Trouble swallowing, known medically as dysphagia, occurs when food feels like it is sticking in your throat or chest. It is usually the result of an improperly functioning esophagus and tends to affect the elderly more than any other age group.
Occasional difficulty swallowing affects almost everybody and isn’t cause for alarm; sometimes we simply eat too quickly or don’t chew our food thoroughly. Individuals with swallowing disorders experience persistent problems with chewing and swallowing. Normally, food and liquids are transported from the mouth to the stomach when we swallow, passing through the pharynx and esophagus before digestion takes place. When you suffer from a swallowing disorder, foods and liquids may become lodged in the throat, chest or sternum. This causes painful or difficult swallowing and may be accompanied by choking, coughing, gagging, regurgitation, drooling, hoarseness, chest pain, reflux, sore throat and weight loss.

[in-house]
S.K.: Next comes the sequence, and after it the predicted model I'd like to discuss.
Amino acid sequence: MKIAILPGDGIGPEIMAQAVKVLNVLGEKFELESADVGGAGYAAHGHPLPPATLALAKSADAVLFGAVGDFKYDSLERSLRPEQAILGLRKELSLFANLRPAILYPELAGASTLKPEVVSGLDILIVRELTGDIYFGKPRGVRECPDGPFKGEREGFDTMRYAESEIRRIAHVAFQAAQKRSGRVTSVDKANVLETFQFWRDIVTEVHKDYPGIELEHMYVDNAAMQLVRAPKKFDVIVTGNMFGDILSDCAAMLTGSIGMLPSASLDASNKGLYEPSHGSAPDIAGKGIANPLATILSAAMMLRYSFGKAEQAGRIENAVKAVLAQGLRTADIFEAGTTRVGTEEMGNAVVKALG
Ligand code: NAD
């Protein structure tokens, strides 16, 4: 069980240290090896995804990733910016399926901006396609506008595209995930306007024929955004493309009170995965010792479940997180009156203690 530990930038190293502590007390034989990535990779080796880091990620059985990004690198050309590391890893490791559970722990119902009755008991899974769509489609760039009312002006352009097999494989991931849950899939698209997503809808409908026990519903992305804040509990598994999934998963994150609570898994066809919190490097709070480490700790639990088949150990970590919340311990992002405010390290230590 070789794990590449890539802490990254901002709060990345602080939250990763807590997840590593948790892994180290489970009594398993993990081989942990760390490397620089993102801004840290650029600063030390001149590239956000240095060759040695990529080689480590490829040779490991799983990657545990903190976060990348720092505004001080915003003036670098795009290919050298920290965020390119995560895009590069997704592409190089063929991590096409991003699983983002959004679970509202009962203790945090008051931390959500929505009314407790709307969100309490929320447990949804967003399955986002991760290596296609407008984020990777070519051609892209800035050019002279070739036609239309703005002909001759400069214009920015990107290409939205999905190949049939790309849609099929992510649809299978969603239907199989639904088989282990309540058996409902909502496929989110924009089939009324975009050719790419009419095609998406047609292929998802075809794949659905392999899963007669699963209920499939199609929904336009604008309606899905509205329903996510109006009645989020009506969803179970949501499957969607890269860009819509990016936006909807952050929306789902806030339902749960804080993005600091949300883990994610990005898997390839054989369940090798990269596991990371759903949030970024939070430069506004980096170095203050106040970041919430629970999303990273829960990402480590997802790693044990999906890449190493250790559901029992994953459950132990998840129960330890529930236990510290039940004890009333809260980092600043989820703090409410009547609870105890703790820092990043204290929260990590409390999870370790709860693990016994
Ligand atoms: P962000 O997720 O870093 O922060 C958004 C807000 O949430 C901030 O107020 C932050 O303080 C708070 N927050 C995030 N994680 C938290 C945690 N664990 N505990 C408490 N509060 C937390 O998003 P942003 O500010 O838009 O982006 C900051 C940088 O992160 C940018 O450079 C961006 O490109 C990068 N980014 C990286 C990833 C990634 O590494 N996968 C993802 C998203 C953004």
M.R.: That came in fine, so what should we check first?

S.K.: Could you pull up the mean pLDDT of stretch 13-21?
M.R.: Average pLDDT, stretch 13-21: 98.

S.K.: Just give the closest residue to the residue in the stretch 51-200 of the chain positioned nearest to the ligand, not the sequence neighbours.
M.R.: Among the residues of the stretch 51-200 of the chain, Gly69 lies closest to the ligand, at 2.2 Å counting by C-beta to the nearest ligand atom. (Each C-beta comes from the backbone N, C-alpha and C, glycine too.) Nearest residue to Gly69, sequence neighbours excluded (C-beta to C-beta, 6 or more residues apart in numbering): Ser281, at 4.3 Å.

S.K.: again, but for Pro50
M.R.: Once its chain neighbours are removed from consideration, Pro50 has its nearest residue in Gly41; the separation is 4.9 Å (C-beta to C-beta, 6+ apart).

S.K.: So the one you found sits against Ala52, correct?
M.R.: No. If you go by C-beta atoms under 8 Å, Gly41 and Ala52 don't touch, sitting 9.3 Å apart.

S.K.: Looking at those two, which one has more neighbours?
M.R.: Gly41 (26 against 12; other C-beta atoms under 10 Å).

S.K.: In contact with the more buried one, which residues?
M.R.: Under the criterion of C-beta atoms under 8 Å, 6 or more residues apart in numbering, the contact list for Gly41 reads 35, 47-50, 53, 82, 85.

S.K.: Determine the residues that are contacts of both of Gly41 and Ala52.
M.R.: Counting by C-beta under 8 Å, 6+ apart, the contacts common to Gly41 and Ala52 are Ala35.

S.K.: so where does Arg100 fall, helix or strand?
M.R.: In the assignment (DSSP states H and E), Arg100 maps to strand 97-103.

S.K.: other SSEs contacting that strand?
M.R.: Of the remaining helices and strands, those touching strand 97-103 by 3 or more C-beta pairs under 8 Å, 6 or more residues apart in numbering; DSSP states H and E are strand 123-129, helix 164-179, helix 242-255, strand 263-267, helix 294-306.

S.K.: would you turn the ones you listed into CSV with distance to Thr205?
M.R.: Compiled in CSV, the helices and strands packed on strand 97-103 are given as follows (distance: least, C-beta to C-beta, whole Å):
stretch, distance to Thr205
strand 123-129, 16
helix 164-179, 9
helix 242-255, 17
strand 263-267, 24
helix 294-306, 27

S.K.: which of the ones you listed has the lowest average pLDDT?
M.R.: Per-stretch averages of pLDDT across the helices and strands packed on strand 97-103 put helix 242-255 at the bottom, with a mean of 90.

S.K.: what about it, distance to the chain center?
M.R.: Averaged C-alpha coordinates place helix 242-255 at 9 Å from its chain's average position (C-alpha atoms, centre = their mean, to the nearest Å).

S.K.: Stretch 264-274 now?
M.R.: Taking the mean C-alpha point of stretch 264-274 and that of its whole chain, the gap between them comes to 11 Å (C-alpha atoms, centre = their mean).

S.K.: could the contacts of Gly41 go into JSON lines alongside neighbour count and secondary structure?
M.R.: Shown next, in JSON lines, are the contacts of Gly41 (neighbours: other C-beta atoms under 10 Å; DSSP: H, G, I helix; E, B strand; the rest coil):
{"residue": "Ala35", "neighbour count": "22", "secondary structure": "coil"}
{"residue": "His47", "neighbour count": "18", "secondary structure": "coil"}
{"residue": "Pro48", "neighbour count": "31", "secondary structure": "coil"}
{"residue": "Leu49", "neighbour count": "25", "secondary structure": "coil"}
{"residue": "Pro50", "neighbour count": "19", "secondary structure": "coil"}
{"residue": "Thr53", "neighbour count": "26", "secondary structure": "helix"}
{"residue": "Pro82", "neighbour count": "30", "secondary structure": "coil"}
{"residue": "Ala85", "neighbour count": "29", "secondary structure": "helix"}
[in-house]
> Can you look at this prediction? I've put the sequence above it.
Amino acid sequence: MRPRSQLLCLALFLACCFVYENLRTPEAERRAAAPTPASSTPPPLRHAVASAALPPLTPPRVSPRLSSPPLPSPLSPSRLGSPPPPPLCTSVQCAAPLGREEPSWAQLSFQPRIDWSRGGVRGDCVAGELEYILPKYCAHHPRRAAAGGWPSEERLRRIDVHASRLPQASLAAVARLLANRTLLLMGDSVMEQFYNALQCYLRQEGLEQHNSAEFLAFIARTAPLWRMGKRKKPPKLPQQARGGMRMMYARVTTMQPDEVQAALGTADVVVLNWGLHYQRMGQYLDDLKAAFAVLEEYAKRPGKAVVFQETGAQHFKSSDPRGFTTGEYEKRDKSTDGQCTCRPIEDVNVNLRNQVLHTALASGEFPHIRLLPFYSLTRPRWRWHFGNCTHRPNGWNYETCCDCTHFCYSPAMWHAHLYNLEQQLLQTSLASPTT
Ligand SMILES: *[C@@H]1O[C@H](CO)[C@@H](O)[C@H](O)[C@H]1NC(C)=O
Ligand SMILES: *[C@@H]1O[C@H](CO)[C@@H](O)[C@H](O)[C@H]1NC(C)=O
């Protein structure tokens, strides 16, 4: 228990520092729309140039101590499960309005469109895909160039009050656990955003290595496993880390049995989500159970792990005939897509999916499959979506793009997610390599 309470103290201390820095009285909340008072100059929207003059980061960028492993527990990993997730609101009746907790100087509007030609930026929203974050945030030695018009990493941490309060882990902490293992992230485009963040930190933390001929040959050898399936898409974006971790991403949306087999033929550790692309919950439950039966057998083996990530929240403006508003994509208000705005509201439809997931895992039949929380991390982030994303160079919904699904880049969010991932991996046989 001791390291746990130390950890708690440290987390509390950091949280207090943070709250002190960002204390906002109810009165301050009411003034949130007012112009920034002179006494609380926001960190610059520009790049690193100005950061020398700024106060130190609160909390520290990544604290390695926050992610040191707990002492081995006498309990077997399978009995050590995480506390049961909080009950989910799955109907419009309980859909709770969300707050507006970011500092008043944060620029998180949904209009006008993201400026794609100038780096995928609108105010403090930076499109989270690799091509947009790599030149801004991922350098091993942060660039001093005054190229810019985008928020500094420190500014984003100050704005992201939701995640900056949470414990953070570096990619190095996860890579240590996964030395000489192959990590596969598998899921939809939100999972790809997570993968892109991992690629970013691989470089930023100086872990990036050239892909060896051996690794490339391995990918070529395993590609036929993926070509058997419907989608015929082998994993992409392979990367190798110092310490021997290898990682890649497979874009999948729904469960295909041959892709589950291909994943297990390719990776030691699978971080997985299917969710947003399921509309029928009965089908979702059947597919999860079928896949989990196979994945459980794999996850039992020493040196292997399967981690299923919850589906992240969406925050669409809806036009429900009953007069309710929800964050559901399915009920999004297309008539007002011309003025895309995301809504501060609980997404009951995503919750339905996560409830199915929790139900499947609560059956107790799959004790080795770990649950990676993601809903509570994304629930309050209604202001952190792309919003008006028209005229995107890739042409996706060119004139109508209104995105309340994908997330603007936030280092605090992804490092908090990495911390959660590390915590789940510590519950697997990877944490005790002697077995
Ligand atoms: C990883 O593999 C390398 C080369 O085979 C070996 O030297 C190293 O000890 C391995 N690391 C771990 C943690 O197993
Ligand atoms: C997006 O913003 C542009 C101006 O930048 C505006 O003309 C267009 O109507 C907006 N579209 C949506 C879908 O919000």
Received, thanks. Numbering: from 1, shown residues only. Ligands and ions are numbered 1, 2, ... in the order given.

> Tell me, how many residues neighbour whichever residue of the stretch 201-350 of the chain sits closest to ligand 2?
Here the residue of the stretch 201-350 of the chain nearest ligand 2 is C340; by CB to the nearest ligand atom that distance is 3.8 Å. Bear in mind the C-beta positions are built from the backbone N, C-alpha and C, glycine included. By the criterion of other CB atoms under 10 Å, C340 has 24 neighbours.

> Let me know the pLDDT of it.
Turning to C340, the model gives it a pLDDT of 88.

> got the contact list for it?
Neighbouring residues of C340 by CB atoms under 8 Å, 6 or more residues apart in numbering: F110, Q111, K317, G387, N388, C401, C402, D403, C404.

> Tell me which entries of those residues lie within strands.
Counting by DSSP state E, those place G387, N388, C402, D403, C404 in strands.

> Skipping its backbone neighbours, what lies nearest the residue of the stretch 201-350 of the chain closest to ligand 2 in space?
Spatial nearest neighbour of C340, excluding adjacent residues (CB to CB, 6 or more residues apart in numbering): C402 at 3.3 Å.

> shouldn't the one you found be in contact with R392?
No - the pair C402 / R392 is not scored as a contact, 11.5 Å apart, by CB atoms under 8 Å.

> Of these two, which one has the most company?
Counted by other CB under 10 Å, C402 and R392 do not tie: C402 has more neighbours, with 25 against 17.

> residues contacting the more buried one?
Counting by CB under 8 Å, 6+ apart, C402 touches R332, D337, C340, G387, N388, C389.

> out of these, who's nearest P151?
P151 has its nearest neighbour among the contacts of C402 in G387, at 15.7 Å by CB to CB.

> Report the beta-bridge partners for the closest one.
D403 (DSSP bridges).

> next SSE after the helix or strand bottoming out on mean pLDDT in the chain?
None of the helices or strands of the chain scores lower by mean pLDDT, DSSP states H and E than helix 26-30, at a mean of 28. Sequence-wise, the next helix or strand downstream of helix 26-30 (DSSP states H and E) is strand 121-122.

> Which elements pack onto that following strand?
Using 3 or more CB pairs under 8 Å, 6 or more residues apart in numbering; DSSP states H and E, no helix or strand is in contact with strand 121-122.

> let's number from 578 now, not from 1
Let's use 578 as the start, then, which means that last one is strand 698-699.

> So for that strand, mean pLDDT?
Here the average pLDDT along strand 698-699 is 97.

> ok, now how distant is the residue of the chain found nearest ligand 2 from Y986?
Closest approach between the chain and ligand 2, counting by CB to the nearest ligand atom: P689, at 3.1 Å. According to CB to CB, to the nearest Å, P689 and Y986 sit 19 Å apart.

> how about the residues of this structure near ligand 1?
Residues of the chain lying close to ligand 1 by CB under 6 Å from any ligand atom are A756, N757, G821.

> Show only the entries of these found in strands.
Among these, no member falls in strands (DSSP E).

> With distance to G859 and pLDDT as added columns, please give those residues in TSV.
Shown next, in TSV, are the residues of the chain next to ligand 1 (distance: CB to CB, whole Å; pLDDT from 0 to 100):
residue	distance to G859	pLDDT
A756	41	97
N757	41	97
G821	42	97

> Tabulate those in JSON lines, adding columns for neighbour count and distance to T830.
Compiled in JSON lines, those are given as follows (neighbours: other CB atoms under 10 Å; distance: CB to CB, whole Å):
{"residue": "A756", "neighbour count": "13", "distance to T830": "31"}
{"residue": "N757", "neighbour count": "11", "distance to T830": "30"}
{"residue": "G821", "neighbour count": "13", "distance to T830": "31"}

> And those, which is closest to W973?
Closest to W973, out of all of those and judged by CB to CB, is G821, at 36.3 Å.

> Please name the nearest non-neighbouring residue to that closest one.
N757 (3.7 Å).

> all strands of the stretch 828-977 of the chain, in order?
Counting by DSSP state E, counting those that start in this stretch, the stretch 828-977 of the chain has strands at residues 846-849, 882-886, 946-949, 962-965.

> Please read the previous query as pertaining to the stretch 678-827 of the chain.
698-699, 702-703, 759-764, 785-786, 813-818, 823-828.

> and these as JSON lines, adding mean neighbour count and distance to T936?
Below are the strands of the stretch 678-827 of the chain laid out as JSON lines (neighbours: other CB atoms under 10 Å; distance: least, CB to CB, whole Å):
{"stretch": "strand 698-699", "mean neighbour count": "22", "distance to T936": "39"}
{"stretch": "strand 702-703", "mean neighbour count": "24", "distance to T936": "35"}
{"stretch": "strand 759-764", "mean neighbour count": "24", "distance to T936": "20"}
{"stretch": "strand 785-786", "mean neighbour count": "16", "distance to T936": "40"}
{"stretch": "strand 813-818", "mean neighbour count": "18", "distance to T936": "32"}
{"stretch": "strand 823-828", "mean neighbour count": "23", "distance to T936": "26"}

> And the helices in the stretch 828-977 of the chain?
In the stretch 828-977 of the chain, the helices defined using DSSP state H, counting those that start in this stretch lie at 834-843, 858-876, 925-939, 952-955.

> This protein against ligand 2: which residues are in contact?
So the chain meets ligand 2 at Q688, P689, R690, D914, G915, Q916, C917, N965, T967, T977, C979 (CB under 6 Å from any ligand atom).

Causes of dysphagia vary. They include aging, neuromuscular disorders, gastroesophageal reflux disease (GERD), hiatal hernias, scleroderma, esophageal webs that cause partial blockages and esophageal cancer.
A barium swallow study or fluoroscopy, in conjunction with x-rays, laryngoscopy and other diagnostic tests, can help determine what is causing your swallowing disorder. Treatment depends upon the diagnosis and may involve medications, surgery or swallowing exercises. When acid reflux is to blame, dietary changes – eliminating spicy foods, alcohol and caffeine, for instance – can be helpful in preventing dysphagia. Practice chewing your food slowly and thoroughly. In extreme cases, a feeding tube may be required to ensure the patient receives proper nutrition and maintains a healthy weight.